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A powerful movement of rural philanthropists:
119,966 and counting…

CAMA, the alumnae association for CAMFED graduates, is the largest network of its kind in Africa - and spurring remarkable change as young women from rural communities use their education to benefit others, and work to break the cycle of poverty for good. We call this the CAMA Effect.

CAMA’s power lies in its institutional, as well as its emotional, infrastructure. Members share huge determination and resilience against a background of rural poverty and marginalization.  They are deeply committed to ‘plowing back’ the benefits of their education into their communities.

Organized into elected committees from district to national level, CAMA has a robust mechanism for cascading knowledge.

Connected through mobile technology, young women overcome rural isolation, help build each other’s lives, and use their experience and expertise to support many more vulnerable children to stay in school, learn and succeed.    

CAMA members are teachers, business entrepreneurs, lawyers, doctors, social workers and local political leaders, all with a strong and intimate understanding of the barriers to girls’ education, putting themselves at the forefront of dismantling those barriers, and rallying everyone in their communities to do the same.

CAMA: A movement with the power to transform Africa

CAMA leaders from Ghana, Zimbabwe, Tanzania, Zambia and Malawi meet with patron Julia Gillard and CAMFED’s executive teams and managers, developing the joint strategy to support one million more girls through school 

History

CAMA emerged in 1998 thanks to a group of 400 former CAMFED bursary students who - along with CAMFED - asked themselves 'What next?' after they graduated from school. They looked at international examples of institutions that establish powerful alumni networks and decided they could do the same.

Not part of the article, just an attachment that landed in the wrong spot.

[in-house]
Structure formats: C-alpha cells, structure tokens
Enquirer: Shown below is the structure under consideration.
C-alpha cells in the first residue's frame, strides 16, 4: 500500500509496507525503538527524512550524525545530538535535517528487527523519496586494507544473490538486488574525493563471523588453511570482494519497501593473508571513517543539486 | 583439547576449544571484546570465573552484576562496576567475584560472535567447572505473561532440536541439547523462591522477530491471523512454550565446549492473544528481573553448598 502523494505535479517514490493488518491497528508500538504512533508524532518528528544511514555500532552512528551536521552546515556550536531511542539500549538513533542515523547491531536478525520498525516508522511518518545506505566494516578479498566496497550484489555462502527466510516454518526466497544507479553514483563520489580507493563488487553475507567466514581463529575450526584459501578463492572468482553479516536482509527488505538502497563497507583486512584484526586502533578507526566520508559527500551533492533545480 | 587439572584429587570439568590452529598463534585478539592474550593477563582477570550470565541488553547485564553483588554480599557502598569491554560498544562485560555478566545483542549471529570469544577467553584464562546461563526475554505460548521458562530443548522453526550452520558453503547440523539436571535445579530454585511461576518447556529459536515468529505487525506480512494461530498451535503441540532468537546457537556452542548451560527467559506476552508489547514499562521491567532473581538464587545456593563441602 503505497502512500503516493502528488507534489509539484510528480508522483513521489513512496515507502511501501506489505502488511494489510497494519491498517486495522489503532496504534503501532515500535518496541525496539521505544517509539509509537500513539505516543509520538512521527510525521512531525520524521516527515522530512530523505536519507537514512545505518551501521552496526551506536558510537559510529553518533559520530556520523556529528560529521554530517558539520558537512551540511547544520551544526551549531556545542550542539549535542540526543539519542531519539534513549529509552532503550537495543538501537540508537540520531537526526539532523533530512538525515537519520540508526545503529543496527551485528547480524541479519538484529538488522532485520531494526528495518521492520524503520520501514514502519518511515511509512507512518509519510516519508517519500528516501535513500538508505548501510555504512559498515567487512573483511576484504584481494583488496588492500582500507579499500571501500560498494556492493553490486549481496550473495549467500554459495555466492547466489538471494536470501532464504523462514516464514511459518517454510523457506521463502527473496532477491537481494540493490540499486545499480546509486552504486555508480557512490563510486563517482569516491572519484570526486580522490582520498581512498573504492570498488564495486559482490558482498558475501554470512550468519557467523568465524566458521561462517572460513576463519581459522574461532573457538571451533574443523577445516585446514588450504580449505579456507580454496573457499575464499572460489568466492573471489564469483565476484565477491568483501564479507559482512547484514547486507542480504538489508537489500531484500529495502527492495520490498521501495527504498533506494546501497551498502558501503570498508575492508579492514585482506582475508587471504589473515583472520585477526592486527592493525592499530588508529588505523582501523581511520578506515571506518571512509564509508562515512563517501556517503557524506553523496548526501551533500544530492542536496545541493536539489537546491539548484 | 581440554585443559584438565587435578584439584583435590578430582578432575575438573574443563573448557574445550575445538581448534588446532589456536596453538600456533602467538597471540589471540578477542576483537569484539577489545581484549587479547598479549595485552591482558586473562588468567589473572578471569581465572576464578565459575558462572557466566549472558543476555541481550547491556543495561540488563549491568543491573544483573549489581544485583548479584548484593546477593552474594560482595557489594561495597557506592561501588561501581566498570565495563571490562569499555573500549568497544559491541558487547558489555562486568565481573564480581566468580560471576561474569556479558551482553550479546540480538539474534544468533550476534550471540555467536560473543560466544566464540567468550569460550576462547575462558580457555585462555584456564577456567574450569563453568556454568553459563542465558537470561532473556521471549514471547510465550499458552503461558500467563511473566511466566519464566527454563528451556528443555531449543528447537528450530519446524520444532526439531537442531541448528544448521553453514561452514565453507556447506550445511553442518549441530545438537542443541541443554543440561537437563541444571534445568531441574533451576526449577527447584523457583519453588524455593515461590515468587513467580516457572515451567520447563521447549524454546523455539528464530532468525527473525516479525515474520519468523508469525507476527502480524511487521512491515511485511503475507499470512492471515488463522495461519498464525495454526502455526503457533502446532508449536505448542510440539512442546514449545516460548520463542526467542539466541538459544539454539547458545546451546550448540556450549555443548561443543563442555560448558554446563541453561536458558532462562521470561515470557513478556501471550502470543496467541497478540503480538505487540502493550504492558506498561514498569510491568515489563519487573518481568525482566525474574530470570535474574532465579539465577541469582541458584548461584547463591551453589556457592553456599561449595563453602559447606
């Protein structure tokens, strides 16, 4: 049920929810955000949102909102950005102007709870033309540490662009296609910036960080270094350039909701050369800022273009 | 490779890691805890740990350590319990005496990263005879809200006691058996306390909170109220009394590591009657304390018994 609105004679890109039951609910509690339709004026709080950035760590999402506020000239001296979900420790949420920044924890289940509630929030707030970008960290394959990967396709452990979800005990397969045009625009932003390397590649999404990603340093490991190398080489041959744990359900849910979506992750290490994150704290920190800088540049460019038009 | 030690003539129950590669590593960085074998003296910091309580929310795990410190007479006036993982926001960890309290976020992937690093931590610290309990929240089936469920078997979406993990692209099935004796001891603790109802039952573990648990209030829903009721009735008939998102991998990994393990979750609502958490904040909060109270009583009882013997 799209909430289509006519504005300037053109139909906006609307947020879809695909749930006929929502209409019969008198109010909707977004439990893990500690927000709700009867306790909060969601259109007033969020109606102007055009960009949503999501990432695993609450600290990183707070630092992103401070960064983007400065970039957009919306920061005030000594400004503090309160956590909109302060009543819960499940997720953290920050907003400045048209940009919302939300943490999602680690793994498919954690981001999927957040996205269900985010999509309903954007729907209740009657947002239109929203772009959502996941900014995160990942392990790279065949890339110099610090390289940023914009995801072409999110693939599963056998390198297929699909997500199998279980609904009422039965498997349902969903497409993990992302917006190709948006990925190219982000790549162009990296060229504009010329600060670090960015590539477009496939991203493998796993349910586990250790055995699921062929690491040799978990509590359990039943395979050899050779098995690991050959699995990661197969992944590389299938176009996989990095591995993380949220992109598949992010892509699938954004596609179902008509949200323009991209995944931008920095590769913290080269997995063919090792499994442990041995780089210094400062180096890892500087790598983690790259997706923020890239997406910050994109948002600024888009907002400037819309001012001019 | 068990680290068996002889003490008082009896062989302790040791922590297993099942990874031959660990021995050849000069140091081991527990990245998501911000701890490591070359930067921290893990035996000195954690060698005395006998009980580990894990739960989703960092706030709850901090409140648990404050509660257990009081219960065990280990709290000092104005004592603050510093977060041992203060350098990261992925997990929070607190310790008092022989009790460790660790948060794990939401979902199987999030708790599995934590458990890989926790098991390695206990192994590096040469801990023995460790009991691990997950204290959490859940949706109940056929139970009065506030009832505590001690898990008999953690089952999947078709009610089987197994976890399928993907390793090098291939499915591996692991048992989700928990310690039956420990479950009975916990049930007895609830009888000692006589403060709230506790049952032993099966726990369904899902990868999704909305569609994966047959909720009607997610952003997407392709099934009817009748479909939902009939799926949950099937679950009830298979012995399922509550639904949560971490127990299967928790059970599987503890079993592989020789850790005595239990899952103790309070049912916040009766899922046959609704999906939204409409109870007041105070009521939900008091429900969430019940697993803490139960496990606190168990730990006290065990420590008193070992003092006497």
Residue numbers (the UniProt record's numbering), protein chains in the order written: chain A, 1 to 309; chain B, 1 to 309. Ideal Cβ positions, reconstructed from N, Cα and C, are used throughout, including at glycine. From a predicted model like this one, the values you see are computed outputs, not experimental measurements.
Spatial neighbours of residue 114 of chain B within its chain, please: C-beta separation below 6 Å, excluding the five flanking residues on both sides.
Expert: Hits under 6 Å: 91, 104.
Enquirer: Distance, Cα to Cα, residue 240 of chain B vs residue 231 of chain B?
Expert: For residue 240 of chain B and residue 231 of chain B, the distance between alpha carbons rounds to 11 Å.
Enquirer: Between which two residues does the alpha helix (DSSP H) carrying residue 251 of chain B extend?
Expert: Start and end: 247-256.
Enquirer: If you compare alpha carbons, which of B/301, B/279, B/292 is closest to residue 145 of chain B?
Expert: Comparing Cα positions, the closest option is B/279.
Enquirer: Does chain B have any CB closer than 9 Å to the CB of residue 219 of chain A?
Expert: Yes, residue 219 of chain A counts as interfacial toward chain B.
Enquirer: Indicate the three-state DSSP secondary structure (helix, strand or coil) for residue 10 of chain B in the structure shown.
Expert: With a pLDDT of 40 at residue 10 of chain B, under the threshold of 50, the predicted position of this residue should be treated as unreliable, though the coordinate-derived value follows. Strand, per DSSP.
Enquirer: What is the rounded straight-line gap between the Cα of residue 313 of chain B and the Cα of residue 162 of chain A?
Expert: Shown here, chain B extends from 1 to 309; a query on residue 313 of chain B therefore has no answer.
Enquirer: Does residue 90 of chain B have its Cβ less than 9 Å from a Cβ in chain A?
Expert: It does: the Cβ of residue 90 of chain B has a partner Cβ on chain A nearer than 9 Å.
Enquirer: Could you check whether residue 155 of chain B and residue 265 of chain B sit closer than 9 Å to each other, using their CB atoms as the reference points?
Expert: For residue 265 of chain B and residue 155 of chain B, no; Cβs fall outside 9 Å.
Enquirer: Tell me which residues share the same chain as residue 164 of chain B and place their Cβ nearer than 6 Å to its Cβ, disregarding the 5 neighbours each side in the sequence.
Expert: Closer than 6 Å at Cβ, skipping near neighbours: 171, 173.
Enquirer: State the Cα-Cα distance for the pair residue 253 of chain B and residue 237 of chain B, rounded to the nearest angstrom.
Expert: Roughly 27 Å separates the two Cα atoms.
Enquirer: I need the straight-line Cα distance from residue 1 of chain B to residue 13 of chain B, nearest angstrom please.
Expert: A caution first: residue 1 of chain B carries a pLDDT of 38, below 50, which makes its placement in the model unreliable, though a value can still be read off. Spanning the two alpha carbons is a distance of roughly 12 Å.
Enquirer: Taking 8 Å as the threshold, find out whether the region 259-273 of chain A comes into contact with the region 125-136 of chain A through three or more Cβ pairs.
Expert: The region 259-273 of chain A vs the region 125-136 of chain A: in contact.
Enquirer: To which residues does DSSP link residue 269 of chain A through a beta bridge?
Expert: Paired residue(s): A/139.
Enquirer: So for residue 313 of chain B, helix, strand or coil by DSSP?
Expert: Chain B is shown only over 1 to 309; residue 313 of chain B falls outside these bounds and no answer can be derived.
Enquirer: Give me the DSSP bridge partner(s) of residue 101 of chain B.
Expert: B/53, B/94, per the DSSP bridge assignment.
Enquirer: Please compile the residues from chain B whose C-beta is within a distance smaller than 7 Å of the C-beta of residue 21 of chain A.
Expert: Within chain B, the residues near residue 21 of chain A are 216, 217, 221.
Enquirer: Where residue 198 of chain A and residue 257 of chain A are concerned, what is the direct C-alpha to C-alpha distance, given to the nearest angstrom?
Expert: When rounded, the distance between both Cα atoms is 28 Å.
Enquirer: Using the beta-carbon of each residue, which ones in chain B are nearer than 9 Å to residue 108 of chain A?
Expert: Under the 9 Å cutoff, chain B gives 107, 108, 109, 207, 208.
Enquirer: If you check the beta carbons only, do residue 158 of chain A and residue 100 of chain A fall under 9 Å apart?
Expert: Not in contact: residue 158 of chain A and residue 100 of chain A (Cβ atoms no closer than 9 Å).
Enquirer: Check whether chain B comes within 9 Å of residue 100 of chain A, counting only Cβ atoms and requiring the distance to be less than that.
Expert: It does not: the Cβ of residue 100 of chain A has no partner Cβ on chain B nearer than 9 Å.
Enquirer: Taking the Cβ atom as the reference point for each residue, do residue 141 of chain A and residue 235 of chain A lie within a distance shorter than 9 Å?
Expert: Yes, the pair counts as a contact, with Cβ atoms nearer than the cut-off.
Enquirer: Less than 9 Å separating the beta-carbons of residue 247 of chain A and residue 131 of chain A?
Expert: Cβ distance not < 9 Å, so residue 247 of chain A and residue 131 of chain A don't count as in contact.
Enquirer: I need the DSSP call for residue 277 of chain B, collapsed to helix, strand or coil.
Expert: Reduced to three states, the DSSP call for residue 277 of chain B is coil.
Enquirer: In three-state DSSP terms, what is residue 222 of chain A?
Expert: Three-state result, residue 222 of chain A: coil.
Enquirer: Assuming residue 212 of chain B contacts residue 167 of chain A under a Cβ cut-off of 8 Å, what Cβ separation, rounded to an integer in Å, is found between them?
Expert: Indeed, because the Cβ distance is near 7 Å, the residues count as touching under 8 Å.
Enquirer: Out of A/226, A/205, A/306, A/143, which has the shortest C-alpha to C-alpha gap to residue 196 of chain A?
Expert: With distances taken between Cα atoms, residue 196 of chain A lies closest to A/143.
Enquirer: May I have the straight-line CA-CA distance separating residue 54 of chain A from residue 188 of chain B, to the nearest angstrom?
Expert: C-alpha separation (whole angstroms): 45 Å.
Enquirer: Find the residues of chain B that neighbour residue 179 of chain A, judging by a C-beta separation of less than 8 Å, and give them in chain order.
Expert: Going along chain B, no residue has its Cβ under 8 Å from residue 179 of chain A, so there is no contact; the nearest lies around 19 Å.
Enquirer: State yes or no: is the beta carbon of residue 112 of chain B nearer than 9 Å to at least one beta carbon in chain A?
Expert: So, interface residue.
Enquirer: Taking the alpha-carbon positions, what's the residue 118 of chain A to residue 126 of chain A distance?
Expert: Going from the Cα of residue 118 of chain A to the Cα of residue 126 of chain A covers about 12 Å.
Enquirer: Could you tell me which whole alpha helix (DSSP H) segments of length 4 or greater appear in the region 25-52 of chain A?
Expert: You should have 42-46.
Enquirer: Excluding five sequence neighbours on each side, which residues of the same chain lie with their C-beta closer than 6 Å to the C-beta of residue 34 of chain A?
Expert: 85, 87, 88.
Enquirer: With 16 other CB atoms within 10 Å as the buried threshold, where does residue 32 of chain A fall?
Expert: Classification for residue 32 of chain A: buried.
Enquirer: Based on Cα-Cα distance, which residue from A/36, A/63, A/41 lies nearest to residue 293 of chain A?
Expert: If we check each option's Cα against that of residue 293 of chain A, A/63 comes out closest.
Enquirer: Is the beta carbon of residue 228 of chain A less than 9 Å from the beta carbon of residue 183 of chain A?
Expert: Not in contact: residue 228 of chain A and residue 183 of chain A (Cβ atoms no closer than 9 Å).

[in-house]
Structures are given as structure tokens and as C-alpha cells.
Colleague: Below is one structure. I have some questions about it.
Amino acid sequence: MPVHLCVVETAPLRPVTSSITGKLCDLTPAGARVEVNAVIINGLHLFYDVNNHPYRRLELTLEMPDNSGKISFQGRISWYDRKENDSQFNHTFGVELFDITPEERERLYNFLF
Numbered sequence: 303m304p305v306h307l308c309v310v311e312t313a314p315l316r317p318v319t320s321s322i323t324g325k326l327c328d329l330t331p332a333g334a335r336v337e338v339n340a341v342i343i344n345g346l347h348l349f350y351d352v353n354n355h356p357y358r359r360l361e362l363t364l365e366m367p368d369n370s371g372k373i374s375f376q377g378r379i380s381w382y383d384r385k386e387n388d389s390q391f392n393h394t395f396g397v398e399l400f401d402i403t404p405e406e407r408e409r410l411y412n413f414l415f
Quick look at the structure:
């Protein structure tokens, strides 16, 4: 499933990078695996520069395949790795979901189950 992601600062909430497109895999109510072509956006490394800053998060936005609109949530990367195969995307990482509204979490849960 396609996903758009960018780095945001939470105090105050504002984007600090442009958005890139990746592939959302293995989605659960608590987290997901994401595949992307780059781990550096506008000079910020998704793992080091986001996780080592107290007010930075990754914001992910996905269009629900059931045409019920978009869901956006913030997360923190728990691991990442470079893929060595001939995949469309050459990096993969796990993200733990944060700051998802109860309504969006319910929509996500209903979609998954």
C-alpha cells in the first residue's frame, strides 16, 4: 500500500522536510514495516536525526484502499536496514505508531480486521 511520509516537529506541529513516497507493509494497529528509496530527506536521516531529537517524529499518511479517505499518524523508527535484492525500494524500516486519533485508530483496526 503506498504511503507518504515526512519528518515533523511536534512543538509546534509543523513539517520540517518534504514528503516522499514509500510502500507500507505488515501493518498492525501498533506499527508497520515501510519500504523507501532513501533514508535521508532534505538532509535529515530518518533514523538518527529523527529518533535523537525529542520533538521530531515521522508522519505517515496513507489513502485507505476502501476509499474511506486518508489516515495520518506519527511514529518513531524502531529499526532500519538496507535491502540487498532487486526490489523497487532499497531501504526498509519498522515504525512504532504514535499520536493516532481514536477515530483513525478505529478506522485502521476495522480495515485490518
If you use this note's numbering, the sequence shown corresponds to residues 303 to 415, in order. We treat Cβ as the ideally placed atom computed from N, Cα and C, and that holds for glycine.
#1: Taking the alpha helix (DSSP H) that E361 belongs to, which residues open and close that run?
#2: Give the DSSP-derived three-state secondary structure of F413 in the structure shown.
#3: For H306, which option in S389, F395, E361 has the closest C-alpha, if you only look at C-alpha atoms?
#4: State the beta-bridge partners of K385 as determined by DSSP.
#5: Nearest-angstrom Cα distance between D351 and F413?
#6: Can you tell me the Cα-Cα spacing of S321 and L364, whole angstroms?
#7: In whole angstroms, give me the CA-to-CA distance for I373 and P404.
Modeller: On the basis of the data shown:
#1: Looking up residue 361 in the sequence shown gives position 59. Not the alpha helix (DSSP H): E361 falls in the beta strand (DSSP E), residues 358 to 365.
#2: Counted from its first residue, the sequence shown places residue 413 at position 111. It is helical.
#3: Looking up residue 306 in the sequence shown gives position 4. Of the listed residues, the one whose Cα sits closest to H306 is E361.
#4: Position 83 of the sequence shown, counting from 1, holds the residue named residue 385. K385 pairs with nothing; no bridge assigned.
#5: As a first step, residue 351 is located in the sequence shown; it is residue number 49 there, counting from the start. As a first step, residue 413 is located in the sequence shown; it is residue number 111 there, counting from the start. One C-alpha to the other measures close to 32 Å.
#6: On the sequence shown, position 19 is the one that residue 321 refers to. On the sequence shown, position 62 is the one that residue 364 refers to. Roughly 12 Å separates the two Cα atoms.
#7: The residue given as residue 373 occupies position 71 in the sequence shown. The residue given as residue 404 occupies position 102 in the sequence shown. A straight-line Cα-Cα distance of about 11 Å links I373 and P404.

This association of educated young women, brought together by a common background of acute poverty and a belief in the power of education, is now making enormous strides in local communities - and on the international stage. 

The young women leaders of CAMA are now at the forefront of CAMFED's movement for girls' education, working with global leaders to bring about lasting change in their countries. 

The CAMA multiplier effect -
When you educate one, you educate many

In partnership with donors and rural communities, CAMFED and CAMA are offering training, technology, business loans, and mentoring support to young women at the critical time when they leave secondary school and may be under pressure to marry young, or to leave their rural communities for jobs in towns or cities, where they are extremely vulnerable.  Our investment in CAMA is paying huge dividends, as young women are extending partnerships, developing innovative programmes, galvanizing change in their communities, and leading the movement in support of girls’ education.